Day 210: My All American (2015)

MyAllAmerican-BloggerImg-Draft2There are a couple of things in life that I enjoy more than anything in my movies and that is true stories and football. When you combine the both of them, then I just have to see it an that is why I chose My All American for today’s film. Freddy Steinmark (Finn Wittrock) wasn’t born with the gift of size as a football player, but that never stopped him from trying. In fact, Freddie is one of the hardest working athletes in the world and he uses that to fight for his spot on the roster of the Texas Longhorns in 1969. Although that is about to change after leading his team to the championship game, Freddie is faced with his toughest challenge yet off the field. The film also stars Aaron Eckhart (The Dark Knight) as Darren Royal, Sarah Bolger (The Lazarus Effect) as Linda Wheeler, Rett Terrell (Vampires Suck) as Bobby Mitchell, Juston Street (Everybody Wants Some!!) as James Street, Michael Reilly Burke (Mars Attacks) as Fred Steinmark, Robin Tunney (Empire Records) as Gloria Steinmark, Donny Boaz (The Great Debaters) as Bill Bradley, Brent Anderson (American Crime) as Coach Campbell, and the film was directed by Angelo Pizzo (Rudy).

maxresdefault (4)I am going to be completely honest in saying that before I watched this movie, I did not know that it was directed by the guy who wrote Rudy and Hoosiers. You can definitely see the similarities between the films as far as the writing was concerned and you can also see some similarities in the style of the film too. I get why they covered his high school years because it helps build his character, but I’m wondering if that hindered the film at all because how many people really knew about Freddie Steinberg other than Longhorns fans or people old enough to remember him play. I just think they could have covered more of his college years but this was fine by me. I want to talk about his character because I’m not doubting at all that Freddie was a great guy who was one of the hardest working guys, but he just seems a little too perfect if you catch my drift. It was almost like he never did anything wrong, but that could be true for all I know. One thing that I wish that they had covered what what happened to his girlfriend Linda because they don’t talk about her at all during the title cards at the end. I know that she wasn’t the focus of the film, but she seemed to be an important part of his life. All that we know about her is that she was a consultant for the film and that her daughter Mackenzie Meehan played a nurse in the film.  I thought that was a pretty cool tidbit. If you are a fan of Rudy, then you may like this film because they are similar in style and story. I am going to give the film an B+ for a final grade.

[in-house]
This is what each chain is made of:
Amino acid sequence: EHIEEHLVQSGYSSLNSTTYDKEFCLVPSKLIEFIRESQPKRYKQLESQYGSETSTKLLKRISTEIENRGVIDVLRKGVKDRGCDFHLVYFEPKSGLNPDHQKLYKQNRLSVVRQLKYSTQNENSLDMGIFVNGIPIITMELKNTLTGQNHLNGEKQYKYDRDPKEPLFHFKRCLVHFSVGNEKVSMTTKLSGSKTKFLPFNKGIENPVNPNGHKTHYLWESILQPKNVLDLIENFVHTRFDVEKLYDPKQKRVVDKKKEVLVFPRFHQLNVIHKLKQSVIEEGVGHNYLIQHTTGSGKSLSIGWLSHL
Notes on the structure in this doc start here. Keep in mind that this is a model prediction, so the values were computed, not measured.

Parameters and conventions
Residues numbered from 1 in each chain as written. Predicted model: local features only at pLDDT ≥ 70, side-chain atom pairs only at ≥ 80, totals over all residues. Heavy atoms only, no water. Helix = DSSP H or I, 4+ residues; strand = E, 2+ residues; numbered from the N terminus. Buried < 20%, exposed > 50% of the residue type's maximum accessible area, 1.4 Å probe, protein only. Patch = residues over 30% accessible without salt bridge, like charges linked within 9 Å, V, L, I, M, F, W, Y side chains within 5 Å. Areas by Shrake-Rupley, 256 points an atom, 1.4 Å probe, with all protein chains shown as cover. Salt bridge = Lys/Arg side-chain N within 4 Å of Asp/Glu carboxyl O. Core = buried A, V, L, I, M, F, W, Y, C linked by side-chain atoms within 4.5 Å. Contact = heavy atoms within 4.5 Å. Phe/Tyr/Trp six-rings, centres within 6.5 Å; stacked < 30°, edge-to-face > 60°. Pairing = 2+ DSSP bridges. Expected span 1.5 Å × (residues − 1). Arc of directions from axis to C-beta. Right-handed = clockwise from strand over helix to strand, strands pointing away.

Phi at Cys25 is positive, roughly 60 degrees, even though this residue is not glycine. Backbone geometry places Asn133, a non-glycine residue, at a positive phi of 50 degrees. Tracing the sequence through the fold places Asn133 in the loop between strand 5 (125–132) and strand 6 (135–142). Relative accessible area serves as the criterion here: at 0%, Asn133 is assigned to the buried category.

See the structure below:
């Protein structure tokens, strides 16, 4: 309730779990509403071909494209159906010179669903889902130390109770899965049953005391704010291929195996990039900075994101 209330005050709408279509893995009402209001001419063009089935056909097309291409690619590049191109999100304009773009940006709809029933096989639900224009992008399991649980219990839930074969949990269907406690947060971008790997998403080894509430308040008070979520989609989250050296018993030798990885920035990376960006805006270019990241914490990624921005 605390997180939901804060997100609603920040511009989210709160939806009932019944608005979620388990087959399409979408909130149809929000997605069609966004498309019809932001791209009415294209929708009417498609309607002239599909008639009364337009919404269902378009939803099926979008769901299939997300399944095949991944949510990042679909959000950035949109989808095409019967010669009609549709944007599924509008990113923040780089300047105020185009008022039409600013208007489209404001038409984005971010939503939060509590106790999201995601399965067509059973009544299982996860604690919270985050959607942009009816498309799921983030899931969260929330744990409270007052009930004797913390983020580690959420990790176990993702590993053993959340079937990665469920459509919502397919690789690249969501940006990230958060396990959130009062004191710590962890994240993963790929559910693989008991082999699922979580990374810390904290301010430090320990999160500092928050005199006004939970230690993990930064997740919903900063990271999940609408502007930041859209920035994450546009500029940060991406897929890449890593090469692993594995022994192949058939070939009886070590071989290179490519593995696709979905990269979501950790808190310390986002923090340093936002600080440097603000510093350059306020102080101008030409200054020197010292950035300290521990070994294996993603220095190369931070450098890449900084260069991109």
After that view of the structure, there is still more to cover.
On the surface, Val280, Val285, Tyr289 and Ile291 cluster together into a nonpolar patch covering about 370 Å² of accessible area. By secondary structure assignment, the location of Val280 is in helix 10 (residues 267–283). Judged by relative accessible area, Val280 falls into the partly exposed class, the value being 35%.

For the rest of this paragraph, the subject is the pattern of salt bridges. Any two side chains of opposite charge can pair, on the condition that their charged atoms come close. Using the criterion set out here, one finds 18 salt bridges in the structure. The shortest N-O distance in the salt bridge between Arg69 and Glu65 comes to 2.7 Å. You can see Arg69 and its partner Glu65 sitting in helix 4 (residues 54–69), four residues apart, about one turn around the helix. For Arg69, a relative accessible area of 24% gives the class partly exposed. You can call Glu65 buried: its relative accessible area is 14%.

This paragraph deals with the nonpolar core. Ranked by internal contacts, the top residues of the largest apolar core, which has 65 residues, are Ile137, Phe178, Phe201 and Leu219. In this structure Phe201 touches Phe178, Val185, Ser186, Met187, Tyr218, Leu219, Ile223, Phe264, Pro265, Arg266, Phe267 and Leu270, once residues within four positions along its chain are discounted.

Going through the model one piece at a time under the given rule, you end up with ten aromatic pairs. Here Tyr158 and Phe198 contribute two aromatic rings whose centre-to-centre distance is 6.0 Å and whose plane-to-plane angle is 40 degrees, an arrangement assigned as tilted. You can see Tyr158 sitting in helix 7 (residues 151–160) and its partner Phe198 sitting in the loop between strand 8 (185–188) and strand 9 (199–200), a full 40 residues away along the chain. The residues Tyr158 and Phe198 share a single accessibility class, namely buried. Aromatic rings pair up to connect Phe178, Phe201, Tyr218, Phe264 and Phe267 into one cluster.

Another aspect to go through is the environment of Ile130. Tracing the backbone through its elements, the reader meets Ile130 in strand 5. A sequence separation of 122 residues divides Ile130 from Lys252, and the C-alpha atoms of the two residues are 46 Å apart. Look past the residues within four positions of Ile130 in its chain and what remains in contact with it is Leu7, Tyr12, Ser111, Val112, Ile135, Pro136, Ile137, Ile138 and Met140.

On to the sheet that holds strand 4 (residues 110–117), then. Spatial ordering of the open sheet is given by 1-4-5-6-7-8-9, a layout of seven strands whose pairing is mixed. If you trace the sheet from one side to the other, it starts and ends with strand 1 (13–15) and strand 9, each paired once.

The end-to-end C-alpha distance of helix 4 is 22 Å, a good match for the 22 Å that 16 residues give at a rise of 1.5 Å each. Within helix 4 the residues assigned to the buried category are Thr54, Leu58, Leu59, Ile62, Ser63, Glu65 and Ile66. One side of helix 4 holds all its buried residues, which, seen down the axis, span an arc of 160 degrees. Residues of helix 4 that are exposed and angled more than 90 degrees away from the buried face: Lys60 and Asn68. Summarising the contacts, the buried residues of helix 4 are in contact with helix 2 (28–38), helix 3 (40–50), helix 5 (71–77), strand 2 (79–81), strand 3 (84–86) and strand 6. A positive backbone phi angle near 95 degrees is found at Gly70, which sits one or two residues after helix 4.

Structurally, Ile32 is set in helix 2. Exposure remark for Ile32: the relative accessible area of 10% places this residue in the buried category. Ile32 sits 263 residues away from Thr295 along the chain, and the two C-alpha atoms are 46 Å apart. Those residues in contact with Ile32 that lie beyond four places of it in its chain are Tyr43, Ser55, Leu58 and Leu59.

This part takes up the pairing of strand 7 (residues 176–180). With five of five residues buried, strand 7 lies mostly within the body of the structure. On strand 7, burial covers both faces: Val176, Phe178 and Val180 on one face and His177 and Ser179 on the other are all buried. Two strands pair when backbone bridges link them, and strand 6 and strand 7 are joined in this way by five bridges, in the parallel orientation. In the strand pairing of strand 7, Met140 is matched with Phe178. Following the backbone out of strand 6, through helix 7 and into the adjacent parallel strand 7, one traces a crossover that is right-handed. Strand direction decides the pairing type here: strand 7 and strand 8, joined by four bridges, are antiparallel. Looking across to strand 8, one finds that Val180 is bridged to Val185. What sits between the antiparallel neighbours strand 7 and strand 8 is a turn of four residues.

Day 59: Cinderella Man (2005)

Cinderella-Man-600x333I am a sucker for sports movies if you couldn’t tell from yesterdays post, but I am also a sucker for true stories. In early to mid-2000’s, Russell Crowe (Gladiator) was the hottest thing going in Hollywood and in 2005 he  would starred in Cinderella Man. Cinderella Man tells the story of the original underdog in boxing in former world heavyweight champion James J. Braddock. In the 1930’s, things were bad in America as the country was still in a depression. For James J. Braddock and his family, things were just as bad. His boxing career was going nowhere and he could barely afford to feed his family. That is until his manager Joe Gould (Paul Giamatti) gets Braddock a second chance at redemption. All he has to do is beat a couple of guys and he gets the shot of a lifetime against heavyweight champ Max Baer (Craig Bierko). The film also stars Renée Zellweger (Empire Records) as Mae Braddock, Paddy Considine (The World’s End) as Mike Wilson, Bruce McGill (Law Abiding Citizen) as Jimmy Johnston, Matthew G. Taylor (Pacific Rim) as Primo Carnera, Rance Howard (Chinatown) as Announcer Al Fazin, Troy Amos-Ross (Resurrecting The Champ) as John Henry Lewis, and the film was directed by Ron Howard (Apollo 13).

cinderella_manBesides being a fan of sports movies and/or true stories, I am also a huge fan of Boxing films and this is up there with a lot of them. Boxing has always been one of those sports where an underdog can surprise people (and inspire) and be champion. Cinderella Man is definitely that underdog story and Russell Crowe’s performance in the film is amazing. Of course, he’s not the only one who did an amazing job as Zellweger and Giamatti deserve some kudos as well. The writers did an amazing job making sure you saw how desperate the times were back in the early 1930’s and how resourceful people had to be back then.We haven’t seen a depression like that since then and I hope that we never get to ever. The action in the ring is amazing and a strong point as you see every punch and every bit of blood that is splattered. I love some of the camera shots where it looks as if you are the boxer entering the ring and sometimes it looks as if you are taking the punches and getting dazed. The costume department and hair/makeup deserve some kudos as well making us feel like we are being transported to those times. I love the look and feel of the prohibition/great depression era s far as hairstyles and clothing are concerned. Ron Howard is a true master of cinema and he has proven it to us over the years with the plethora of work. There are so many great boxing films out there, but try this one. I am going to give the film an A- for a final grade.